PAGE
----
By John Bedington
As a youngster between 1963 and about 1972 I spent a lot of time pedalling around Staffordshire visiting watermills and a few remains of windmills, taking often rather indifferent photos and making extremely scribbly but often very extensive notes, sometimes on SPAB watermill survey forms, which however I seldom sent in. For nearly half a century this material – on about 100 mills – slumbered in my attic.
An SPAB watermill survey form completed by John
in 1967/8Seedy Mill, Curborough and Elmhurst – SPAB watermill survey – Images and documents (millsarchive.org)
|Three or four years ago, approaching my three-score-years-and-ten, it struck me that whilst this material was by no means a complete survey of the mills of the county, it did have archival value, especially because many of the mills had since been house-converted or demolished, and the millers whom I met were all dead.|
|So I showed Ron Cookson some of the material and asked if the Archive would like it, and if would it need to be “tidied up” first. He said the Archive would be willing to take it as it was, though if I thought some sorting out was necessary, that would be alright. He commented that Staffordshire was a county on which the Archive had few items (which I had noticed already!).|
In fact when I looked in detail at my old notes I realised that many of them were barely legible even to myself; there were many idiosyncratic abbreviations, and things like a sack hoist in mill A being just described as “like that in Mill B”. So in the hope that it would be worthwhile for the Archive user and make life easier for the Archive staff, and for my own fun (trip down memory lane!) I actually ended up scanning all the photographs and scanning or transcribing most of the documents.
|Nathanael Hodge gave me some helpful advice about this, one thing that stuck in my mind being to ensure that the name of the mill was consistent in listing the documents and pictures. I’m afraid I did ignore his request to make an Excel spreadsheet of the items on each mill – I loathe spreadsheets and did a Word document for each mill instead: but he has been very forgiving about that and about some of my scans falling short of Archive criteria. I also wrote down a few recollections of my own- for example my excitement when I found a working watermill only 3 miles from my home; and a near miss from being mangled in the gears when the waterwheel at Boughey’s Mill, Audley started turning unexpectedly.|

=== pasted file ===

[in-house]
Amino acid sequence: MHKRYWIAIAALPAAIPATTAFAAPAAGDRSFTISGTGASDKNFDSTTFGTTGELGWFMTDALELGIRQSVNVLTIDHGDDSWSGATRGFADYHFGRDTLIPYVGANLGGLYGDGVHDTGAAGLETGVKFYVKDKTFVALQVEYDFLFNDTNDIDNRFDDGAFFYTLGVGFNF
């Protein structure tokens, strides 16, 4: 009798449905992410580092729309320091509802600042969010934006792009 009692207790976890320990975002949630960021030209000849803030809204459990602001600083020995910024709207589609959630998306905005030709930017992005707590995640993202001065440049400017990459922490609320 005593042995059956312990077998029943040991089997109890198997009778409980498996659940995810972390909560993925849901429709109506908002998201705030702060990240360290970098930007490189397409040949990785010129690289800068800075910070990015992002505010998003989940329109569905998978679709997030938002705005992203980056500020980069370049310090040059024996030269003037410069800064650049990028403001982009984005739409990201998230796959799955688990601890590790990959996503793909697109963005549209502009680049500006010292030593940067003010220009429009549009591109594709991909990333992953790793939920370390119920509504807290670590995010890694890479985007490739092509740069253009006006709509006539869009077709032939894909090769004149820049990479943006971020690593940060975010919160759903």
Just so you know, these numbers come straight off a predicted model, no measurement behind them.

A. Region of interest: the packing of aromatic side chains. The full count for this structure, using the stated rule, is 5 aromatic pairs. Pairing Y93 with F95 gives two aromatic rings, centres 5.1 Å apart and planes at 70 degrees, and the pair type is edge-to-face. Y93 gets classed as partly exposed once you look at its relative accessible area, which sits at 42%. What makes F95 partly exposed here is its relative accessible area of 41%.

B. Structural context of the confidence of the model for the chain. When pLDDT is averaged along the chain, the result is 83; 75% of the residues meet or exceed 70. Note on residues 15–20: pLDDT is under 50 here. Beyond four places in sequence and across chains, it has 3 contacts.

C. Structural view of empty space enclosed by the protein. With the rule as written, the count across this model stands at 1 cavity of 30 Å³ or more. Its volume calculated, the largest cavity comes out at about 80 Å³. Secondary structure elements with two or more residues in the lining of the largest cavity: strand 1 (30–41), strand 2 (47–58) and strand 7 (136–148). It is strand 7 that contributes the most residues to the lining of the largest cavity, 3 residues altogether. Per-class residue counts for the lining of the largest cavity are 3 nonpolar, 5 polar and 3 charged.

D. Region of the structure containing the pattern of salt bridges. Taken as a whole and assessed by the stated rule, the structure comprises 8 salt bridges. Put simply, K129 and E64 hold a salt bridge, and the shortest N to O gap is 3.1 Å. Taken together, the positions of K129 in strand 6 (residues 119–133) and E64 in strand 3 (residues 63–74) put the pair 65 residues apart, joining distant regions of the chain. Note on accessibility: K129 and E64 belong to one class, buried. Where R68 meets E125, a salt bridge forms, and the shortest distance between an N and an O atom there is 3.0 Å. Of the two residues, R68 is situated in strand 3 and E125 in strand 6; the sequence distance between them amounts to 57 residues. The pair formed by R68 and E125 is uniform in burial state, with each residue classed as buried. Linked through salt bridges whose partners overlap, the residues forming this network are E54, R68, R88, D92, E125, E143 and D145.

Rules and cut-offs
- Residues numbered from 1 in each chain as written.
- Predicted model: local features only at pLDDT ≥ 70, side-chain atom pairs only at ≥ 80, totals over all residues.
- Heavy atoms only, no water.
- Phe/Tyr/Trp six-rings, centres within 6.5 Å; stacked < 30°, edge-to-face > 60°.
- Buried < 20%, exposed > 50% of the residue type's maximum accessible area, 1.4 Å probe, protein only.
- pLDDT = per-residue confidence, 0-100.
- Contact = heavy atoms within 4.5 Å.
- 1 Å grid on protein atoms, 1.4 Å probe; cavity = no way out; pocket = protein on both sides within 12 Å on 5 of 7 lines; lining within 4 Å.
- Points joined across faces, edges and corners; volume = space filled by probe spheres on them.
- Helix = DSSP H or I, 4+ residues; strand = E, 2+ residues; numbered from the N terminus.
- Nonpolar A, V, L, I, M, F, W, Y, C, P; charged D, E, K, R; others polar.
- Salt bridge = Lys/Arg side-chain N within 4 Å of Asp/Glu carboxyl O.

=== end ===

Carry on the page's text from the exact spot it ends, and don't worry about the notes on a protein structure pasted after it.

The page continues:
|At last, in March 2021 I sent Ron a memory stick of all this and he handed it to Nathanael, and he and volunteer Guy Boocock started putting the material on the Mills Archive website. I must say, I am delighted at the quality of their work and how good the documents and images look on the website.|
Finally, in July 2021, I took the physical photos and notes down to the Archive and had an interesting discussion with Nathanael on what he and his colleagues were doing. As and when I have time, I look at a few of “my” mills on the website and check for any mistake that may have crept in on my part or on that of the Archive – hardly any so far. All in all, a very satisfactory experience.
Archivist Nathanael Hodge writes: We would like to thank John Bedington for providing us with his collection and his help with preparing it for cataloguing. As a result of making this collection available online we have increased the number of entries in our catalogue relating to Staffordshire from 289 to 1443 items. The items are all available to view here: https://catalogue.millsarchive.org/informationobject/browse?page=1&ancestor=822020&topLod=0&view=card&onlyMedia=1&sort=lastUpdated&sortDir=desc, and as with all our other images, high resolution copies can be purchased through the shop. If you have further images or information about any of these mills which we could add then please contact me: email@example.com
Volunteer Guy Boocock writes: I was impressed with how well organised John's material was when it arrived at the archive - it serves as a reminder to any collector to ensure everything is named and organised well. It certainly made cataloguing the fascinating photographs and documents easier, and to see how much his collection of 110 mills had contributed to our Staffordshire mills material.